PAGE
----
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How Ken Loach’s Sixteen Films Is Charting a New Course Without Its Iconic ‘I, Daniel Blake’ Director

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If there was one puzzle from the 2023 Venice Film Festival, it concerned Caleb Landry Jones and the actor’s curious decision to conduct all his press arrangements for the Luc Besson thriller “Dogman” with a Scottish accent. As was later revealed, the Australian had taken a quick break from shooting U.K. drama “Harvest” on location in Scotland and was staying in character for the duration of his brief Italian detour. 

Alongside honing Landry Jones’ vocal abilities, “Harvest,” being directed by Athina Rachel Tsangari (the Greek director’s first English-language film) and based on the book by Jim Crace, also marks the beginning of a new chapter for one of the U.K.’s best-known indie production companies. 

Sixteen Films, co-founded by Ken Loach and producer Rebecca O’Brien in 2002, has been behind every film by the beloved and iconoclastic director over the last two decades, including “The Wind That Shakes the Barley,” “Looking for Eric,” “I, Daniel Blake” and last year’s “The Old Oak,” amassing awards and accolades — including a record-equaling two Palme d’Ors — along the way. Barring a small number of exceptions, Sixteen has solely been a vehicle for Loach’s features (most written by Paul Laverty). But with the 87-year-old filmmaker having declared that “The Old Oak” was his last, the company is now entering its next phase, of which “Harvest” will be the first out of the blocks. 

According to O’Brien, there are two strands for the post-Loach Sixteen. On one side, she’s aiming to work on English-language films with “auteur European directors,” such as Tsangari, who received numerous awards for her 2015 feature “Chevalier.” As well as “Harvest,” O’Brien is co-producing Sally Potter’s next film, “Alma” (alongside Christopher Sheppard and Potter’s Adventure Pictures), a project she describes as “a family ensemble piece,” likening it to a “sequel to ‘The Party.’” Casting and location scouting is currently underway, with the film heading to the co-production market in Berlin to look for partners. 

On the other side, Sixteen is planning to keep making the sort of socially conscious films it has always been renowned for. First up, “On Falling,” which recently shot in Glasgow, and tells the story of a Portuguese warehouse worker trapped between the confines of her job and home life. The film, which Goodfellas is selling in Berlin, is the debut feature of Laura Carreira, and follows in the Loach tradition of using both actors and non-actors. “On Falling” also marks the feature debut of producer (and O’Brien’s son) Jack Thomas-O’Brien, who has been working across Sixteen titles for the last eight years, having produced several shorts.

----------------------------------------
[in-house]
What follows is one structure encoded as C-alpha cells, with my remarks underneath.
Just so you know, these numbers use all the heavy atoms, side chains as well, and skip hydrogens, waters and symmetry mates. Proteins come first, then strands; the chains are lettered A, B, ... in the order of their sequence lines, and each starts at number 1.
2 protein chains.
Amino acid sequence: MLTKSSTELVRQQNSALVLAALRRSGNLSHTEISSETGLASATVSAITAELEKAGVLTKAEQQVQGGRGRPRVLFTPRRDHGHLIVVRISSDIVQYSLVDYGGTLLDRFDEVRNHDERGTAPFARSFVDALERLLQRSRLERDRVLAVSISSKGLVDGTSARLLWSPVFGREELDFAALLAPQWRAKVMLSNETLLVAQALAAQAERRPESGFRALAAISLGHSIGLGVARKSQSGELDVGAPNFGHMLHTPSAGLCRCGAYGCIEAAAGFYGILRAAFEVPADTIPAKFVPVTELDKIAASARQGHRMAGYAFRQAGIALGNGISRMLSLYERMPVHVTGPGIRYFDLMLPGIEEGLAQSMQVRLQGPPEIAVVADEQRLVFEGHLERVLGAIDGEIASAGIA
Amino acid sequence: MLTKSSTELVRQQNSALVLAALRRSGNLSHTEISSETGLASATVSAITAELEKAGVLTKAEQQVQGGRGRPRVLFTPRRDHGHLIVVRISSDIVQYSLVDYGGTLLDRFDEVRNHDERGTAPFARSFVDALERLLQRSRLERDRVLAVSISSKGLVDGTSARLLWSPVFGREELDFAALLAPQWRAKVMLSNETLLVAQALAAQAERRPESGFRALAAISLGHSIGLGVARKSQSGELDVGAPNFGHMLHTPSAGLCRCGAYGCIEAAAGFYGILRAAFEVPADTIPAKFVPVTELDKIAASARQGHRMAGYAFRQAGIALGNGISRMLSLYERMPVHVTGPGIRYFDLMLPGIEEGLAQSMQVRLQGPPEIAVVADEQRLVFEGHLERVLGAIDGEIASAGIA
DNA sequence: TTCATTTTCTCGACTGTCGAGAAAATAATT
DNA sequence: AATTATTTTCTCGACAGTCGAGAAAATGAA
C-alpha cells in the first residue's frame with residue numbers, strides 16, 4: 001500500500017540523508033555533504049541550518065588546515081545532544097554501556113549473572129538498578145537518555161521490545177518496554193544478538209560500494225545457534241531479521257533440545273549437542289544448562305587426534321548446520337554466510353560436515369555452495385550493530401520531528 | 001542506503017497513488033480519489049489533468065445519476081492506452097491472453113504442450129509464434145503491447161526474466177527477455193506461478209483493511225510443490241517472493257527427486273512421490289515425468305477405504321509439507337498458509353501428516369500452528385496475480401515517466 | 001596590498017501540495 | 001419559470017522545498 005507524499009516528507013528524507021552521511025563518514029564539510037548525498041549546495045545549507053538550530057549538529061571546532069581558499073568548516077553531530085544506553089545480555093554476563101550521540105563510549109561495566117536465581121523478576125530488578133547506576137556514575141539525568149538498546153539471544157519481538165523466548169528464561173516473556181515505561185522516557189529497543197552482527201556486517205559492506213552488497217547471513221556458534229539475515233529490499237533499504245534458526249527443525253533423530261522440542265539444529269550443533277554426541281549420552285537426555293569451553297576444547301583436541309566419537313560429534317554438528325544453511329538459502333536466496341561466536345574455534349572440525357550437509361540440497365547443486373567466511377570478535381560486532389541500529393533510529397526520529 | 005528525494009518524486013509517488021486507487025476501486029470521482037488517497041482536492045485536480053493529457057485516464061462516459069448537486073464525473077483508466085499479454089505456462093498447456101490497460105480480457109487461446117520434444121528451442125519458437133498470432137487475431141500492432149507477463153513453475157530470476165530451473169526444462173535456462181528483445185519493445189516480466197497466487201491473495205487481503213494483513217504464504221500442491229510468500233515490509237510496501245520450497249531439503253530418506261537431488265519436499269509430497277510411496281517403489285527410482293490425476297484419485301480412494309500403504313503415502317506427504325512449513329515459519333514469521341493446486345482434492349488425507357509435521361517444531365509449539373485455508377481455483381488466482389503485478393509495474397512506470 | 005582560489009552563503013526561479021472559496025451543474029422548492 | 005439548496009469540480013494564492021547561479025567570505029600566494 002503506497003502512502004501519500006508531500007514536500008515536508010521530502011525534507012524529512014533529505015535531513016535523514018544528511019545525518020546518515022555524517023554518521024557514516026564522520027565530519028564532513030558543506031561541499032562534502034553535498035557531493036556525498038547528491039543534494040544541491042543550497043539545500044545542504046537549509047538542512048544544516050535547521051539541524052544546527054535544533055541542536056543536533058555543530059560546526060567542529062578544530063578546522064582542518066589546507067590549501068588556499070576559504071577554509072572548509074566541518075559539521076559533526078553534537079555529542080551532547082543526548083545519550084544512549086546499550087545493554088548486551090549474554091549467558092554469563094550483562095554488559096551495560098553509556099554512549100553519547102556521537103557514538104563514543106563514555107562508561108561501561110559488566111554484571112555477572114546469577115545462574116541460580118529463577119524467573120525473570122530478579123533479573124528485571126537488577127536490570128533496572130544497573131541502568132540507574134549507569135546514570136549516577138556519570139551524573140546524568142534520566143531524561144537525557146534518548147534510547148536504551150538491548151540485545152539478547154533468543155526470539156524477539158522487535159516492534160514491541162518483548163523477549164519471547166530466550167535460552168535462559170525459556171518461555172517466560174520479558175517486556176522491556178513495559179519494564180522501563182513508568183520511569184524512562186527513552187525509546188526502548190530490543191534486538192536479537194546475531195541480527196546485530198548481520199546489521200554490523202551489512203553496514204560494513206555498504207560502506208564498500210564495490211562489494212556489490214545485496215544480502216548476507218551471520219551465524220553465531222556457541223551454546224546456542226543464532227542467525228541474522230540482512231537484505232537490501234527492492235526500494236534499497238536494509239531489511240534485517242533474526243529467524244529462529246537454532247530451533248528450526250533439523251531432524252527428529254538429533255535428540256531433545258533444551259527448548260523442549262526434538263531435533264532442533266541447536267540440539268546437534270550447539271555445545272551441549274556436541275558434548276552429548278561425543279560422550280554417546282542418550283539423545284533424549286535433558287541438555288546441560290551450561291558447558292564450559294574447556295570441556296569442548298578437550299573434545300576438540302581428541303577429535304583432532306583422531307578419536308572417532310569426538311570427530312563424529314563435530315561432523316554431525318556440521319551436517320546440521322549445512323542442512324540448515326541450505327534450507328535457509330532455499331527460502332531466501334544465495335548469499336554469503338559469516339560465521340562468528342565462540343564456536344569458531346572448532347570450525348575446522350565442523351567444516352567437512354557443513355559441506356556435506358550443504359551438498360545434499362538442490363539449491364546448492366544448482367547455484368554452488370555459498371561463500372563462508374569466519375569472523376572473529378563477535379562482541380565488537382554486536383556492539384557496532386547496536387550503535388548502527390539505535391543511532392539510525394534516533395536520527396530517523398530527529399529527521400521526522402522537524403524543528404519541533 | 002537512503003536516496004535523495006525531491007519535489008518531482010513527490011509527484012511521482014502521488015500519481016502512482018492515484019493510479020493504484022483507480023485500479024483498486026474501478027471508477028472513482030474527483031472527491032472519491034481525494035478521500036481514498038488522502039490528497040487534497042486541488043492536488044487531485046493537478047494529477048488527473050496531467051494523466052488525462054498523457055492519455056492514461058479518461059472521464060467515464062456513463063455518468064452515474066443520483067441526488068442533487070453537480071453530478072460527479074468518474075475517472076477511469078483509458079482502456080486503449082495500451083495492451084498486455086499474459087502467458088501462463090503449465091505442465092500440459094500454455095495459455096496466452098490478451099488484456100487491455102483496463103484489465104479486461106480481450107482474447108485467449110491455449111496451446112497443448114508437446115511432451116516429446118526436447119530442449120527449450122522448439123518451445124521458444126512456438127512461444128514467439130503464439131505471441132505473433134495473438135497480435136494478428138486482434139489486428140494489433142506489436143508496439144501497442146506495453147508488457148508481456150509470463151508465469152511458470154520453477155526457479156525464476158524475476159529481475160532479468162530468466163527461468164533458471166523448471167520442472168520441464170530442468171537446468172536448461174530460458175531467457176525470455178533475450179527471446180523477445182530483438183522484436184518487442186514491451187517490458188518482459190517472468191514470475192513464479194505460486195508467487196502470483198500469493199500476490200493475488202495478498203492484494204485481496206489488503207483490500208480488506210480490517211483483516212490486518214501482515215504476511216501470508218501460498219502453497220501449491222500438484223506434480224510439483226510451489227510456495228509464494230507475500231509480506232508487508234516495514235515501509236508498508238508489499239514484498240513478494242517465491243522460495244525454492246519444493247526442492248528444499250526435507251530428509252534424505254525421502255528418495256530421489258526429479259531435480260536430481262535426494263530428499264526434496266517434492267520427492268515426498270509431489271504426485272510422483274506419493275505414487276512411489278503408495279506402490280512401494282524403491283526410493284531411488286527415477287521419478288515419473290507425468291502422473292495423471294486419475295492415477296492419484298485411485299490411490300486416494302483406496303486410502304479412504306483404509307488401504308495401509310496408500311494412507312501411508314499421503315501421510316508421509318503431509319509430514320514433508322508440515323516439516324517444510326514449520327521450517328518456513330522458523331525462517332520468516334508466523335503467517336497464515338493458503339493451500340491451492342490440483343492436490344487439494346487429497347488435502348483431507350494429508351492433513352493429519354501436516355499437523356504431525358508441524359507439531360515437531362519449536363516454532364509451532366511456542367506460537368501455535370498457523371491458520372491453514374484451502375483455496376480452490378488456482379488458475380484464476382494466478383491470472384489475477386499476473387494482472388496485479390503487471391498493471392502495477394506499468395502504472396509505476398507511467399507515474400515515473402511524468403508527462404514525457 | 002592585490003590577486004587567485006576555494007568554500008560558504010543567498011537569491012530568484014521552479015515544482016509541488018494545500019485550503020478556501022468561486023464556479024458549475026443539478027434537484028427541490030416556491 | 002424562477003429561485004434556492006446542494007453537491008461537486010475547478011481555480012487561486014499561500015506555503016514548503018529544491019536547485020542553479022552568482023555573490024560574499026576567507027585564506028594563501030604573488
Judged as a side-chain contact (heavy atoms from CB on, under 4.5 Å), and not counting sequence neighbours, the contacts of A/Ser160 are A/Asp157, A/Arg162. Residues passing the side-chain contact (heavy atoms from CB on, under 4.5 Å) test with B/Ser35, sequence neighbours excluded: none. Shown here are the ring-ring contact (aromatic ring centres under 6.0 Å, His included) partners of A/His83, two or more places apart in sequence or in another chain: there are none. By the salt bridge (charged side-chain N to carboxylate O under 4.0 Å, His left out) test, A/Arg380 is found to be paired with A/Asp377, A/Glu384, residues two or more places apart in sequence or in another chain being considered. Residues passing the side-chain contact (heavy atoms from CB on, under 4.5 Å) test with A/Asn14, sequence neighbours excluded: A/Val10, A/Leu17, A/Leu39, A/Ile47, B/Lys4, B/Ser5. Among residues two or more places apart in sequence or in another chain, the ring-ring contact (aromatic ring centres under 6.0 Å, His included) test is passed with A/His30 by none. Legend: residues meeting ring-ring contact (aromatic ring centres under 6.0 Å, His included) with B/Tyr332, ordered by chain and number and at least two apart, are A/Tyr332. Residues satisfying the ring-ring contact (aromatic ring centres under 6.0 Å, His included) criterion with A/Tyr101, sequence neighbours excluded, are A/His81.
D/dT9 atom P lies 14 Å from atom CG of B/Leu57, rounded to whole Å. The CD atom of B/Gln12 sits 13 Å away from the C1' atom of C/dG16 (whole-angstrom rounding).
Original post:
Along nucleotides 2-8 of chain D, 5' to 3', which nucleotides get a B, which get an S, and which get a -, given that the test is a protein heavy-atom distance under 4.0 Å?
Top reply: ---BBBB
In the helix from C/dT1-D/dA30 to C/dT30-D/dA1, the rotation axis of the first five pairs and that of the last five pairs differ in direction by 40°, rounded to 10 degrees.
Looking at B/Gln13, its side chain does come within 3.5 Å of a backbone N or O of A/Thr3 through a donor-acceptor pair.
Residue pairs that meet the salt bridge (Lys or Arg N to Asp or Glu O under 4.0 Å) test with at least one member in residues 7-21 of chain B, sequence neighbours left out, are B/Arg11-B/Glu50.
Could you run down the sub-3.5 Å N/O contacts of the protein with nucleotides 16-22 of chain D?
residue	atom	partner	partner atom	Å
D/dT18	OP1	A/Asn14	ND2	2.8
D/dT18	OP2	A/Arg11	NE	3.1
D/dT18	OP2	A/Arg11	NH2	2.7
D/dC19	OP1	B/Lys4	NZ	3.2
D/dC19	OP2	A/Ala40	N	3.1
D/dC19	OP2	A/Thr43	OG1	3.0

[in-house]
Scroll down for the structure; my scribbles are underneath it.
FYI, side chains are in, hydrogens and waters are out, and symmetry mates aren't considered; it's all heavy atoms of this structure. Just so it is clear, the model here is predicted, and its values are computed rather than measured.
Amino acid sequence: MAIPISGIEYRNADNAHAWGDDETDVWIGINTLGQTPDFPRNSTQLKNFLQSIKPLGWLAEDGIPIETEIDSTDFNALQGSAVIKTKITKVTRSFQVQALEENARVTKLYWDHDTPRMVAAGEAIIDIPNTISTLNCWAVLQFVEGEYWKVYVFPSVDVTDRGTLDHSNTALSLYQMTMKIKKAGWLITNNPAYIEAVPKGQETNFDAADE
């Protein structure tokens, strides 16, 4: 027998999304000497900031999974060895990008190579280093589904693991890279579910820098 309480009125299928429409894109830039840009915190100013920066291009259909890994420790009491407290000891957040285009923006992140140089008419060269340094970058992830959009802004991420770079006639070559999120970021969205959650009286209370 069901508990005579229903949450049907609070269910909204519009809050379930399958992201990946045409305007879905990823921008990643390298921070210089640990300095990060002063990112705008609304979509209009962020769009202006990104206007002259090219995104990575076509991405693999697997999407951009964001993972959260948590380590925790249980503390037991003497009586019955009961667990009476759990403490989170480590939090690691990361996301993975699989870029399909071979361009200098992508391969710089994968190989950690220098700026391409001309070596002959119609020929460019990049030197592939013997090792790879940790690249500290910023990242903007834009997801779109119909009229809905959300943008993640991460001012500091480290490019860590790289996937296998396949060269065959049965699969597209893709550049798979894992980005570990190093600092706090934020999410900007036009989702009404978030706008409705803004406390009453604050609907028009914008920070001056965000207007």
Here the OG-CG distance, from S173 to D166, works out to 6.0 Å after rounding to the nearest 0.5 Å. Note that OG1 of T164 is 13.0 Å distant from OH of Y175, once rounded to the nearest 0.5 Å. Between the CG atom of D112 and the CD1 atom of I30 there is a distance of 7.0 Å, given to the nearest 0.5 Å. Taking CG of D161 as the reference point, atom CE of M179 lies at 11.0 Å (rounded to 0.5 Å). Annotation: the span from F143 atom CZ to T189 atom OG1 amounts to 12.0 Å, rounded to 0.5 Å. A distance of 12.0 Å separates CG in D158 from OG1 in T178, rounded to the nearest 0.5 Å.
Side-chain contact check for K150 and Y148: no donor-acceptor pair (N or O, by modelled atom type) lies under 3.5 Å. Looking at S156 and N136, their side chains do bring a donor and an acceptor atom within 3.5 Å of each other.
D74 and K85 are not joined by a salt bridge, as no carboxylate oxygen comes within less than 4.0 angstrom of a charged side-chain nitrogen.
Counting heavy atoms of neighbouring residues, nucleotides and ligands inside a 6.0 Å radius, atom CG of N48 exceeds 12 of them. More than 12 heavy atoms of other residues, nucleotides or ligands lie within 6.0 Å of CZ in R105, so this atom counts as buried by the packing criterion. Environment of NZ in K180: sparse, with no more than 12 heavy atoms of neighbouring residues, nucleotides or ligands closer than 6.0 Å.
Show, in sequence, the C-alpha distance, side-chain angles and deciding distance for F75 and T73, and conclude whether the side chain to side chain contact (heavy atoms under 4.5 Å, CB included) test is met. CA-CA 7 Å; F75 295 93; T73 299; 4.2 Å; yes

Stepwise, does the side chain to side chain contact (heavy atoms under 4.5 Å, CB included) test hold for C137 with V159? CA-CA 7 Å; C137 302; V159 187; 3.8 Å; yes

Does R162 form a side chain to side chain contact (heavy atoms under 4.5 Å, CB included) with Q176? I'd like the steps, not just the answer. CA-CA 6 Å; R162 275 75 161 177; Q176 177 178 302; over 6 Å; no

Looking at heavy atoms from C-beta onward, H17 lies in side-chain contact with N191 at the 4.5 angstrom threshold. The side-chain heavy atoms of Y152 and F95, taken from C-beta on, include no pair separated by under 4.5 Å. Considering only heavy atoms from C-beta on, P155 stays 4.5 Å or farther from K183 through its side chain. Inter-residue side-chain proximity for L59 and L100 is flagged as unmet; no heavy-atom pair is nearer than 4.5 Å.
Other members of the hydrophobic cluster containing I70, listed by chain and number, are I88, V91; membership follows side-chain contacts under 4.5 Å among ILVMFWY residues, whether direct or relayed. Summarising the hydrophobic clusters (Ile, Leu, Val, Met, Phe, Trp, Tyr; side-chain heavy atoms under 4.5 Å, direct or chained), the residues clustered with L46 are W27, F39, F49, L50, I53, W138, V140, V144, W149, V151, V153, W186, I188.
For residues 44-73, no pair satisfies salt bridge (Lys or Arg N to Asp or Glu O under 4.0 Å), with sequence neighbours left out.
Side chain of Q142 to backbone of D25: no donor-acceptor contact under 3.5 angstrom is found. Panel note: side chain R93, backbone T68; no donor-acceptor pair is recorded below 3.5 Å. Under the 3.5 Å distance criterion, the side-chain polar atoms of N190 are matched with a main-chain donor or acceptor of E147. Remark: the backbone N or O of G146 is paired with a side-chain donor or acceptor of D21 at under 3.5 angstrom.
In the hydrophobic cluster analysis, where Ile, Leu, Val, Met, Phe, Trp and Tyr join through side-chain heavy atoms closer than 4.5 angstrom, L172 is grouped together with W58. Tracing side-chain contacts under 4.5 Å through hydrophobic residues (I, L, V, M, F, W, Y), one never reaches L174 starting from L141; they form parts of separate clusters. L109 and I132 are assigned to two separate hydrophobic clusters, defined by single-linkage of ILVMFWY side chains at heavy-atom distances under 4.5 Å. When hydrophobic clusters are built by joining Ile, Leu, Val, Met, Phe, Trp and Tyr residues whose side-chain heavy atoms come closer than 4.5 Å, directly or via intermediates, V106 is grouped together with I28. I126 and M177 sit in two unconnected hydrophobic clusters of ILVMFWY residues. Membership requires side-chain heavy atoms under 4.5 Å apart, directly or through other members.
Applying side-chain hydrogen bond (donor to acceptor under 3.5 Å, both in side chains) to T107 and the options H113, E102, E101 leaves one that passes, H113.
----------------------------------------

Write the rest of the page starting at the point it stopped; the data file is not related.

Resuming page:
“We still have an ambition to continue to make political films, just not necessarily in the same aesthetic or in the same style as Ken,” says Thomas-O’Brien, who comes to Berlin’s co-production market with “Londoner,” from U.K.-based Nigerian director Babatunde Apalowo, another rising filmmaker (his debut feature “All the Colours of the World Are Between Black and White” won the Teddy Award for best feature at last year’s Berlinale). Other projects in development include Barnaby Blackburn’s “Help Yourself,” about contrived politeness as a British family host a family of Ukrainian refugees, and “The Light of the Living,” set in London’s British Nigerian community. 

Another change at Sixteen is how its films will be set up, breaking with its near two-decade tradition of partnering with Paris-based co-producers Why Not Prods. and sales agents Wild Bunch/Goodfellas. “Harvest,” for example, is being shopped by the Match Factory and O’Brien says there’s now a “desire to explore” the many different ways of putting its features together. Part of the task in Berlin is to meet potential new partners and build new relationships, especially from Europe, something even more vital now given the cuts to funding from the British Film Institute. 

But some things at Sixteen remain the same. The company still has its offices above a fried chicken takeaway in a Georgian building on Soho’s Wardour Street, where its small but nimble team — which also includes financial controller Habib Rahman, assistant producer Naomi Smith, assistant accounts Ateeq Rahman and Loach’s assistant Emma Lawson — work surrounded by numerous souvenirs and posters from their most famous collaborator’s titles. 

O’Brien says there are plans to “work out what to do” with Loach’s archive (much of which sits in boxes in the corner of a wooden-beamed meeting room above the main office) and hopefully untangle the complex web of rights to bring more than 50 years of filmmaking to a new audience. “Some of his best films are really difficult to get hold of,” she notes. 

Loach has made several declarations of his retirement, the previous being with his 2019 feature “Sorry We Missed You.” With this in their thoughts, when the 2020 pandemic hit, it gave the Sixteen team an opportunity to consider their next move. “It meant that we were able to think: What are we doing? Are we developing more projects? What direction are we going to go in?” says Thomas-O’Brien.

Of course, Loach would return with “The Old Oak.” But most at Sixteen — including the director himself — are confident that it really was his final feature, and with “Harvest” and “On Falling” coming this year and various films in development, the company is already taking its next steps in continuing his cinematic legacy.